Hobbyists of all types often have a need for a small spring. Coil springs are available in variety packs and it is not difficult to find a spring that will work for whatever the application may be. Flat springs are not quite as easy. Because a flat spring can be almost any shape, the hobbyist is unlikely to find a generic spring to fit a specific application. Spring steel is available in flat bars and billets. With a few inexpensive tools, the hobbyist can cut the shape needed, then harden and temper to create a custom spring.
Things You'll Need
- Spring steel
- Rotary tool with cutoff wheel, felt polishing bob and polishing rouge
- Mapp torch
- Small anvil
- Ballpeen hammer
- Steel can
- Motor oil
- Small steel baking pan
Form the Spring
Cut a rough approximation of the spring out of the steel. Use the hacksaw and cutoff wheel to get the shape close, but leave it slightly oversize.
Heat the spring blank to bright red. Use the pliers to hold it on the anvil and tap it to its final shape with the hammer.
Allow the spring to cool. Use the cutoff wheel to trim it to length. Polish it with the felt bob and rouge.
Harden the Spring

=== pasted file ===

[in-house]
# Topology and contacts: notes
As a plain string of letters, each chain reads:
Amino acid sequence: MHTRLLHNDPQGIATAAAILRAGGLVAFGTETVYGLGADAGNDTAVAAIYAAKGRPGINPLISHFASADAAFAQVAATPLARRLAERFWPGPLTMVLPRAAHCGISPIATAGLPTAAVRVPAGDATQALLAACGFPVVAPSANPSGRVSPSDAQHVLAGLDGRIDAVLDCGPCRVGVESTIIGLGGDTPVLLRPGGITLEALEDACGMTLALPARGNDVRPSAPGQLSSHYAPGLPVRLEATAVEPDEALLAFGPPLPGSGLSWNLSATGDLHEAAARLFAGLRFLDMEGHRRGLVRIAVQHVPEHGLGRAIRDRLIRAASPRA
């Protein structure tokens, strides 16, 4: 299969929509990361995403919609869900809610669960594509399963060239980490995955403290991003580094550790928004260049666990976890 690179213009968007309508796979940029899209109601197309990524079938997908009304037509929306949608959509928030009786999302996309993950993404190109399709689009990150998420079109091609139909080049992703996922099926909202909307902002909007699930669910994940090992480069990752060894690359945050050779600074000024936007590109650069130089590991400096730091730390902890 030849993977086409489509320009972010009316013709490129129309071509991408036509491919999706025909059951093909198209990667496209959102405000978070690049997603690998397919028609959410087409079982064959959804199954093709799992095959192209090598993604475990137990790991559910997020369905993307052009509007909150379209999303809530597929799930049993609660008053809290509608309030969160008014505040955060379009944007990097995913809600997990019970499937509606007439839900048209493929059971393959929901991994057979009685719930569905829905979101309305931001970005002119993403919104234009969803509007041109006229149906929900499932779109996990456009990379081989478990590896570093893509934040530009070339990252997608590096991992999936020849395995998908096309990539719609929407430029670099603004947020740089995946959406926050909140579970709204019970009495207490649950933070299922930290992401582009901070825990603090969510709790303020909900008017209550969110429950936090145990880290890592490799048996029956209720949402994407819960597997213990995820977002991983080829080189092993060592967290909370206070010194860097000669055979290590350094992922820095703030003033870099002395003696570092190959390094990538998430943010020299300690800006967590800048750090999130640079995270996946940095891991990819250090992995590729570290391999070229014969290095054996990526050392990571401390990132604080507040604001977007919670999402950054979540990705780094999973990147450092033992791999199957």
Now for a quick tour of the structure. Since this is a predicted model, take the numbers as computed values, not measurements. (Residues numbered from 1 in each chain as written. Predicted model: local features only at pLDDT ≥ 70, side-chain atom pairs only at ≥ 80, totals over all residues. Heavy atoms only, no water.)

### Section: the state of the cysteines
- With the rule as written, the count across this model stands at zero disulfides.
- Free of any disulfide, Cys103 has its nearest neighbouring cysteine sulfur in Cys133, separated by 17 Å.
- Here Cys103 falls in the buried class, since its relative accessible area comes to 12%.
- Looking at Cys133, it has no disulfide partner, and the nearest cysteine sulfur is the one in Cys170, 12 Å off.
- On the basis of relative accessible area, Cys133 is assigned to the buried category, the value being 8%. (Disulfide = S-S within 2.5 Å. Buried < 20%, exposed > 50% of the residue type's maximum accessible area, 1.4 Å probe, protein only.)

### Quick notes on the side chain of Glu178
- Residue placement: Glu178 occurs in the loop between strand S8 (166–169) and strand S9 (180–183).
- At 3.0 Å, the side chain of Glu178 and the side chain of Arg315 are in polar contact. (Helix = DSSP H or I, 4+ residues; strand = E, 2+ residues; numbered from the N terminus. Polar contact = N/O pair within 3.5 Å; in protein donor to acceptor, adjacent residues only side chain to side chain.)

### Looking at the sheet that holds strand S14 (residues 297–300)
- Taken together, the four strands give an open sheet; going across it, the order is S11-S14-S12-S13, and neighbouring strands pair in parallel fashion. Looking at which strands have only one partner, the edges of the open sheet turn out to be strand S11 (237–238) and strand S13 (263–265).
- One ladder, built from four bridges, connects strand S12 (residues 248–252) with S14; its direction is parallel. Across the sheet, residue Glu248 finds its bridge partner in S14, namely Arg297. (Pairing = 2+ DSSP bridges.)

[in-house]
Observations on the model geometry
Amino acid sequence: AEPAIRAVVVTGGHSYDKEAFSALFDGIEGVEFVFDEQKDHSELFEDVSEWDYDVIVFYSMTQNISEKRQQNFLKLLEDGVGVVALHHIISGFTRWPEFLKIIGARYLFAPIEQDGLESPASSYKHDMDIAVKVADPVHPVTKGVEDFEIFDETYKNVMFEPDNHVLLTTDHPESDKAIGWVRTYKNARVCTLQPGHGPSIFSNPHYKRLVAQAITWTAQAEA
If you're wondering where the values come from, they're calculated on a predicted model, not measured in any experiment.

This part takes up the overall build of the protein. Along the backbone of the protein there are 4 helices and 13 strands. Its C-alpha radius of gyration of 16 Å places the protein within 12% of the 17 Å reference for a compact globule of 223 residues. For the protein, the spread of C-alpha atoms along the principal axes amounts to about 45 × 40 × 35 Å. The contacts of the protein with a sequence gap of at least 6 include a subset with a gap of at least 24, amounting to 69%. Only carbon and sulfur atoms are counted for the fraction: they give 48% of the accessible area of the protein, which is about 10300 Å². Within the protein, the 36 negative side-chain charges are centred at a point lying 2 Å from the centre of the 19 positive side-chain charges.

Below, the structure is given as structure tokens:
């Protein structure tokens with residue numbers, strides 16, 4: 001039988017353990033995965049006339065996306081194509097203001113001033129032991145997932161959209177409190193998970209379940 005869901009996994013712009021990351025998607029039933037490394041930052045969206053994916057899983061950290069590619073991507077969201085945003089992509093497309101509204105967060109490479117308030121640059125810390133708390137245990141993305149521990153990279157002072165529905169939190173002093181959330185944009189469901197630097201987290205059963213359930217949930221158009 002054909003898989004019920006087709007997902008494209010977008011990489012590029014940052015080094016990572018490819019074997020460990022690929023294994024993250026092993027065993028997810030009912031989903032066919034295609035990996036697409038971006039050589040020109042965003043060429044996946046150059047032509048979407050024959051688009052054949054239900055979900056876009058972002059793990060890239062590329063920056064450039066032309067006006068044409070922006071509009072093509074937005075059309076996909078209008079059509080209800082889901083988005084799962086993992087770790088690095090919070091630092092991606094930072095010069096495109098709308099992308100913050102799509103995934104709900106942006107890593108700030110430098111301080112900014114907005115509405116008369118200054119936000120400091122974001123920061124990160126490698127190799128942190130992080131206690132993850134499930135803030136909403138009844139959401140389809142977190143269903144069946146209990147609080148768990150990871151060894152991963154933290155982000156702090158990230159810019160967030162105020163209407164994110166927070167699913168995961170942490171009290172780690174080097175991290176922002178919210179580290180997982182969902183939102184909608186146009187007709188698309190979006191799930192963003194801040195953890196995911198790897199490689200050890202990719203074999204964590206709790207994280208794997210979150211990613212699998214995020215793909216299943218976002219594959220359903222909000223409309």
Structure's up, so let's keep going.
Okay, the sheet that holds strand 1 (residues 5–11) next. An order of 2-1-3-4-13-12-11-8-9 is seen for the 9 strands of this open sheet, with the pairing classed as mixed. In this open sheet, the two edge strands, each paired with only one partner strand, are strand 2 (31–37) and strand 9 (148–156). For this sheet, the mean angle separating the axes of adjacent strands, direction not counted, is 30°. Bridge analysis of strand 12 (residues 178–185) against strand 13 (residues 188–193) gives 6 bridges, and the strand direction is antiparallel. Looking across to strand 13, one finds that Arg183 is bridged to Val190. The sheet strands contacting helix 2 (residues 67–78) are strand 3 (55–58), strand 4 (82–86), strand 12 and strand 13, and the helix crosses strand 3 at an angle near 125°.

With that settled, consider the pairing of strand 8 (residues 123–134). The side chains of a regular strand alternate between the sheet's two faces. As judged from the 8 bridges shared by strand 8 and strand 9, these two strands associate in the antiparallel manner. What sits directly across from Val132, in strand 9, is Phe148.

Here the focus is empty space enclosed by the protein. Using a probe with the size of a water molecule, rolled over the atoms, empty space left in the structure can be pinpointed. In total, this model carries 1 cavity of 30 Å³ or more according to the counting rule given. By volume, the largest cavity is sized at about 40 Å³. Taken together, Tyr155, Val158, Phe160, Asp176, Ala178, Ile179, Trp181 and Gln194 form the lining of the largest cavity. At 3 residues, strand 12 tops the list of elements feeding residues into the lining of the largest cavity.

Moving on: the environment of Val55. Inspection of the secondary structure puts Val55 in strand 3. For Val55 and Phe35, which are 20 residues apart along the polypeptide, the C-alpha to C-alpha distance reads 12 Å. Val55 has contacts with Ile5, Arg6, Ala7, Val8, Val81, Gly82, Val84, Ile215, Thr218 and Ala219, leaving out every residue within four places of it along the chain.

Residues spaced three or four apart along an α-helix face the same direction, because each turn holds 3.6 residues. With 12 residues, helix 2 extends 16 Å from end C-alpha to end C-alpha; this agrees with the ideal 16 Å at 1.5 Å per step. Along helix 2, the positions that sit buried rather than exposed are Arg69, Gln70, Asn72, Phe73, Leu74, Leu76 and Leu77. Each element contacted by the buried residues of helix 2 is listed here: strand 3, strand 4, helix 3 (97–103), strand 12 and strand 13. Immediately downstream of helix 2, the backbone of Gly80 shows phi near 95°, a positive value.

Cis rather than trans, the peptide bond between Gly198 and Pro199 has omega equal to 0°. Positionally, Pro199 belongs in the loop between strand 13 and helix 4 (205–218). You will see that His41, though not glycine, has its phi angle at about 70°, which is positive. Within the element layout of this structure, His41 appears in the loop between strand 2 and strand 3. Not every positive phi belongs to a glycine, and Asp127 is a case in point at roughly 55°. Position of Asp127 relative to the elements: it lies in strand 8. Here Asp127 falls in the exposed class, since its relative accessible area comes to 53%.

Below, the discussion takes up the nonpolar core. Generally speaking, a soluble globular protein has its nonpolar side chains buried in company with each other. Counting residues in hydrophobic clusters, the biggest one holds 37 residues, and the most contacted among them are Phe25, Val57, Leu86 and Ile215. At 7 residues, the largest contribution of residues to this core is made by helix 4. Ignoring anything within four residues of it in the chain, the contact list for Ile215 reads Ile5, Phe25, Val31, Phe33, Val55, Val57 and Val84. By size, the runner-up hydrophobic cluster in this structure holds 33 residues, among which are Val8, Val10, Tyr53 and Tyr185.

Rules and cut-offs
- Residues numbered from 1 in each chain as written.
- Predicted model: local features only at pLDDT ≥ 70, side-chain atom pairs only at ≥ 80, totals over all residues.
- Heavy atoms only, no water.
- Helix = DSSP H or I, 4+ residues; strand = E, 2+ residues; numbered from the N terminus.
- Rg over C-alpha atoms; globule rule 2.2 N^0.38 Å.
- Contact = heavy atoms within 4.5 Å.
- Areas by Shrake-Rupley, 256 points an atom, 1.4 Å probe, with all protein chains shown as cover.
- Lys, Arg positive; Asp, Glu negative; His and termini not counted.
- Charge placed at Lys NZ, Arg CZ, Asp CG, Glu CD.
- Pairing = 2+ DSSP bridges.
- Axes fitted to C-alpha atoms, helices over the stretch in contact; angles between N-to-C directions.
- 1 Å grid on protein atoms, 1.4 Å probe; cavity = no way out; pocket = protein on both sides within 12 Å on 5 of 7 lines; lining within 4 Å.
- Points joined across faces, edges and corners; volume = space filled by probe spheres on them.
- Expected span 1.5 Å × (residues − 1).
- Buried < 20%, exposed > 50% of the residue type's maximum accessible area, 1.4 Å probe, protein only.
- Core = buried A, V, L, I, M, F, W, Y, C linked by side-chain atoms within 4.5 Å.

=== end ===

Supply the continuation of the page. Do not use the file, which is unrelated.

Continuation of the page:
Fill the can about three-quarters full with oil. Hold the spring with the pliers and heat it until it will no longer stick to the magnet.
Quench the hot spring in the oil. Keep the spring moving in the oil until it is cool. If the oil catches fire, set the pan on the can to put the fire out.
Tempering the Spring
Set the pan on a heatproof surface. Lay the spring in the pan.
Pour oil into the pan until it covers the spring.
Use the torch to ignite the oil in the pan. Allow the oil to burn until it is depleted. When the spring cools, it is ready to use.
Tips & Warnings
- Keep your hands and face away from the can when you quench the spring. Perform this task outdoors in a non-flammable environment. Keep a fire extinguisher handy when heat treating metals. Always wear safety glasses and gloves when working with metal.
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